Electoral misconduct: charges of bribery.
Petition received: May 28, 1898
Referred to committee: May. 28, 1898
Committee report: Feb. 28, 1899
No Senate action.
Result: Retained seat
When John Sherman (Republican-OH) resigned from the Senate in 1897 to become secretary of state in the administration of President William McKinley, the Ohio governor appointed Marcus A. Hanna (Republican), the president's political patron and campaign manager, as his replacement. Hanna, a successful entrepreneur, took office on March 5, 1897, and in January 1898 the Ohio legislature elected him to the remaining year of Sherman's term, as well as to the full six-year term beginning on March 4, 1899.
Statement of the Case
Hanna took his oath of office for the new term without objection on January 17, 1898. Five months later, on May 28, a special committee of the Ohio legislature submitted to the Senate the results of an investigation into charges that several "agents" of Hanna had tried to secure the vote of one Ohio legislator through bribery. The Senate referred the matter to the Committee on Privileges and Elections.
Response of the Senate
On February 28, 1899, a majority of the committee reported in favor of Hanna and asked to be discharged from further investigation into the Ohio election. The committee members remained unconvinced by the meager evidence offered by Hanna's opponents and the failure to supply convincing witnesses. Although the state report made clear that an unsuccessful effort had been made to bribe the legislator, the attempt had been exposed before the election, and the legislator voted against Hanna. There was no evidence linking Hanna to the individual offering the bribe. The report mildly rebuked Hanna and some of his Ohio associates for failing to respond to subpoenas from the state investigation but declined to suggest the need for further inquiry within the Senate.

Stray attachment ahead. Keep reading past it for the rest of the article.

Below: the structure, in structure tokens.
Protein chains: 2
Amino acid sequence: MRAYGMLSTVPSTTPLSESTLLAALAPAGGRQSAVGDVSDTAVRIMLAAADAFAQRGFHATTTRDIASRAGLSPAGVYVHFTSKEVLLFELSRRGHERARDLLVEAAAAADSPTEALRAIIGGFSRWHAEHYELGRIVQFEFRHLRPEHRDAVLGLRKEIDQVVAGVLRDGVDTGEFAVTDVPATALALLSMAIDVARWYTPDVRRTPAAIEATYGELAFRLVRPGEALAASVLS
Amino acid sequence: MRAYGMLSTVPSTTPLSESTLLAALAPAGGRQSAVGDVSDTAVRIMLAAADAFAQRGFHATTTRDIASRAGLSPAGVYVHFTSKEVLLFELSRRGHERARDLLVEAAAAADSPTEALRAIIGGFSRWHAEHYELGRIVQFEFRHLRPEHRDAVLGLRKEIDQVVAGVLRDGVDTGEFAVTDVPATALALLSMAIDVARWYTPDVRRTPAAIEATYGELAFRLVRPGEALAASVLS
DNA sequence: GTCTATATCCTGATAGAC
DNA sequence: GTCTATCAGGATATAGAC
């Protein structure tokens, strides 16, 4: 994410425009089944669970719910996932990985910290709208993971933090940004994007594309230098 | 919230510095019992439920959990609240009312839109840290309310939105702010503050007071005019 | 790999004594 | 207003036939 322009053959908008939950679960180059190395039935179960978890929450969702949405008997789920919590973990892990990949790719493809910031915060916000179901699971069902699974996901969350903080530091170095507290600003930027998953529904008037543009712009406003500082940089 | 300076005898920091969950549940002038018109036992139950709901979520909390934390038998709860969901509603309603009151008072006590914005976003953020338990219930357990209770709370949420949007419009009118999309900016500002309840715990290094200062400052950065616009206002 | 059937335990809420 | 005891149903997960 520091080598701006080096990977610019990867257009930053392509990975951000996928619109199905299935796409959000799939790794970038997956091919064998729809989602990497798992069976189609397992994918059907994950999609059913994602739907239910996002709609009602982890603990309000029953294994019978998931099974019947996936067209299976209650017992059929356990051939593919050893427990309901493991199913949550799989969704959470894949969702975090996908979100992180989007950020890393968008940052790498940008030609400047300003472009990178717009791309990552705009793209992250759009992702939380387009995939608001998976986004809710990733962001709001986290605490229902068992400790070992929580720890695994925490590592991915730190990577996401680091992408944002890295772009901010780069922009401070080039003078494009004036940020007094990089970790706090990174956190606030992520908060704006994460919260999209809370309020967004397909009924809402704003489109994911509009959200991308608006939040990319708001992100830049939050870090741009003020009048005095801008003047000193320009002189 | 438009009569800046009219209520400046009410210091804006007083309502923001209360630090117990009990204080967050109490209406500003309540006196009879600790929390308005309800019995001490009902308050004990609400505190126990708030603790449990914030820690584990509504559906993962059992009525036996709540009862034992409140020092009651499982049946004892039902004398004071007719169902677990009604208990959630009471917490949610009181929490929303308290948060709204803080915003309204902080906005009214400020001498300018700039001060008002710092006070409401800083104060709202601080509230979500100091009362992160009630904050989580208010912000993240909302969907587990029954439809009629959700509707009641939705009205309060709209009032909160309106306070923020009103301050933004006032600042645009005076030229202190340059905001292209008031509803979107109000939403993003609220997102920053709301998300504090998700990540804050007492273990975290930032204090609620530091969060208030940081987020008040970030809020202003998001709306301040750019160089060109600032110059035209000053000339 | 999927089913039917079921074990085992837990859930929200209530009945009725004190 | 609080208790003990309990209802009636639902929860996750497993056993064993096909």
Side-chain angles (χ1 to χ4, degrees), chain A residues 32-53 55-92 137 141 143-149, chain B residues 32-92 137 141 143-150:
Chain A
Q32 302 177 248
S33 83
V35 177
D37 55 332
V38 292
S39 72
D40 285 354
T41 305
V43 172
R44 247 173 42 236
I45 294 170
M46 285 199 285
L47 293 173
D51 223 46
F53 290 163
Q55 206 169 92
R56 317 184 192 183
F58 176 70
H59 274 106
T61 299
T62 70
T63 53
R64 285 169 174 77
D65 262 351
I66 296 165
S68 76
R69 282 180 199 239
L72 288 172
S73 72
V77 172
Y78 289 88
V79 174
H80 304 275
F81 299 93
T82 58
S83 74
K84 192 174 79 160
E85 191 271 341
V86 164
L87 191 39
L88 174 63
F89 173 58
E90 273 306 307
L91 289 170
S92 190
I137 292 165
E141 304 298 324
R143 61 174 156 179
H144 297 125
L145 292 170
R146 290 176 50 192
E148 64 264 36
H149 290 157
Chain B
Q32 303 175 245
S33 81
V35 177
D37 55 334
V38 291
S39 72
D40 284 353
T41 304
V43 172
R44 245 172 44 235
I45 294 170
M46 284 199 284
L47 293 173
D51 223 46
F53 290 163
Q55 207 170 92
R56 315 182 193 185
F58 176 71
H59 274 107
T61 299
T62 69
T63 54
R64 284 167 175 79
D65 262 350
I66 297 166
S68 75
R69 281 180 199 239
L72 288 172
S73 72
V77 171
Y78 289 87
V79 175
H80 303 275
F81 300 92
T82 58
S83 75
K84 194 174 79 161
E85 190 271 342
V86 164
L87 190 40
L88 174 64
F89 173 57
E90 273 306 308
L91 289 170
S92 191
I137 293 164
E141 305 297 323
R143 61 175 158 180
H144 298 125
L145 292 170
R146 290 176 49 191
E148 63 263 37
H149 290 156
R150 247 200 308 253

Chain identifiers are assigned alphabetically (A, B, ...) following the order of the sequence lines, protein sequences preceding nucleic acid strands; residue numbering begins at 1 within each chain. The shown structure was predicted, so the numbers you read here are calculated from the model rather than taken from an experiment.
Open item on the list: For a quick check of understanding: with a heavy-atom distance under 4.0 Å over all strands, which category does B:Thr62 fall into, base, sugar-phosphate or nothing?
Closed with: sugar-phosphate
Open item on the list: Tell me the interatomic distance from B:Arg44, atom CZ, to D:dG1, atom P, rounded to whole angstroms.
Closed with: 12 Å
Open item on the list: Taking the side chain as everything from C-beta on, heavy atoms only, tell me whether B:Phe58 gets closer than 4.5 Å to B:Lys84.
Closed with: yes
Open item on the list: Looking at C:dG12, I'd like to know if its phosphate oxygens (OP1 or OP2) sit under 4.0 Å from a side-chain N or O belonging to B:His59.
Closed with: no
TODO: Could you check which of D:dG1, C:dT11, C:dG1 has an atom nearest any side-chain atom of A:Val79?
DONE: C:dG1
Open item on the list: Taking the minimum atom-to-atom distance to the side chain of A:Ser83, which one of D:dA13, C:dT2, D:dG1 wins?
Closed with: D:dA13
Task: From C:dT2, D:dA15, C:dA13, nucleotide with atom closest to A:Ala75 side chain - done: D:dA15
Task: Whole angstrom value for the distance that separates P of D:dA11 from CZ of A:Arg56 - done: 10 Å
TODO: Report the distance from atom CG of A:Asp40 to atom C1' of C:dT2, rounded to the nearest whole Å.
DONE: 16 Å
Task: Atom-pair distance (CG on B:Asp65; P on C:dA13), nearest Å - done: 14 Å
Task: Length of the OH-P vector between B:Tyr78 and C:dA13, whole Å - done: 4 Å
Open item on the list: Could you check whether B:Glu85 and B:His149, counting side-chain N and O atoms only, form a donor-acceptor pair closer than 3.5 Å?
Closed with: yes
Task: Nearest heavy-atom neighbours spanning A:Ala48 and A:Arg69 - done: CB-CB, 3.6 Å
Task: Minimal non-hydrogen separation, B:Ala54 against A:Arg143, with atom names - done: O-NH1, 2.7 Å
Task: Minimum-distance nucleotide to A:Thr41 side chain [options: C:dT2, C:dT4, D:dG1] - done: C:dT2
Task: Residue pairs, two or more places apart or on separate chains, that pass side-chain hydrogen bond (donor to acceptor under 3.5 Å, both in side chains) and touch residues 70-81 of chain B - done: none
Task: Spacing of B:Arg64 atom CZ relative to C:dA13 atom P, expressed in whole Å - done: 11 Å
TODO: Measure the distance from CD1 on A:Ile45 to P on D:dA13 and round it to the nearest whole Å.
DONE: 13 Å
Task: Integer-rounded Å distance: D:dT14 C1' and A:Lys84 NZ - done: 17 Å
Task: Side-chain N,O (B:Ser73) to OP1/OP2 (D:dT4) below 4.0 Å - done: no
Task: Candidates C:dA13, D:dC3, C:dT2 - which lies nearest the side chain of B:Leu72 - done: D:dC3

Three committee Democrats signed a minority report that urged additional Senate action. In an era before federal wiretapping regulations, the minority report included incriminating transcripts secured by Hanna's foes when a stenographer eavesdropped on a hotel extension telephone to write down what purported to be conversations between the agent accused of bribery and Hanna's campaign headquarters.
Senators apparently agreed with the majority report, for the Senate ordered the reports to be printed and took no further action on the matter.
The issue reappeared briefly more than a year later, on June 5, 1900, in the midst of a debate on antitrust legislation. Richard F. Pettigrew, a Silver Republican from South Dakota, placed in the Congressional Record the majority and minority reports on the Hanna election case, as well as the records of the entire investigation by the Ohio legislative committee, running to forty-six double-columned pages of fine print. Hanna, who was on the Senate floor at the time, denied any connection with the controversy and pointed out that he had offered to testify before the Committee on Privileges and Elections but was assured it would not be necessary. He charged that, not only had he not instigated the conspiracy, but that it was really "a conspiracy on the part of the Democratic party and a few traitors in the Republican party . . . to prevent Ohio from having another Senator in the United States Senate."
Election practices in the late nineteenth century deteriorated to the point where senators knew the charge of bribery could easily be hurled at nearly any member. Painfully aware of the proliferation of abuses in the state caucuses and assemblies in all areas of the country, senators were reluctant to press the inquiry into Hanna's election.
Marcus Hanna continued to be a forceful presence in Republican politics and in the Senate until his death in 1904.
Source: Adapted from Anne M. Butler and Wendy Wolff. United States Senate Election, Expulsion, and Censure Cases, 1793-1990. S. Doc. 103-33. Washington, GPO, 1995.
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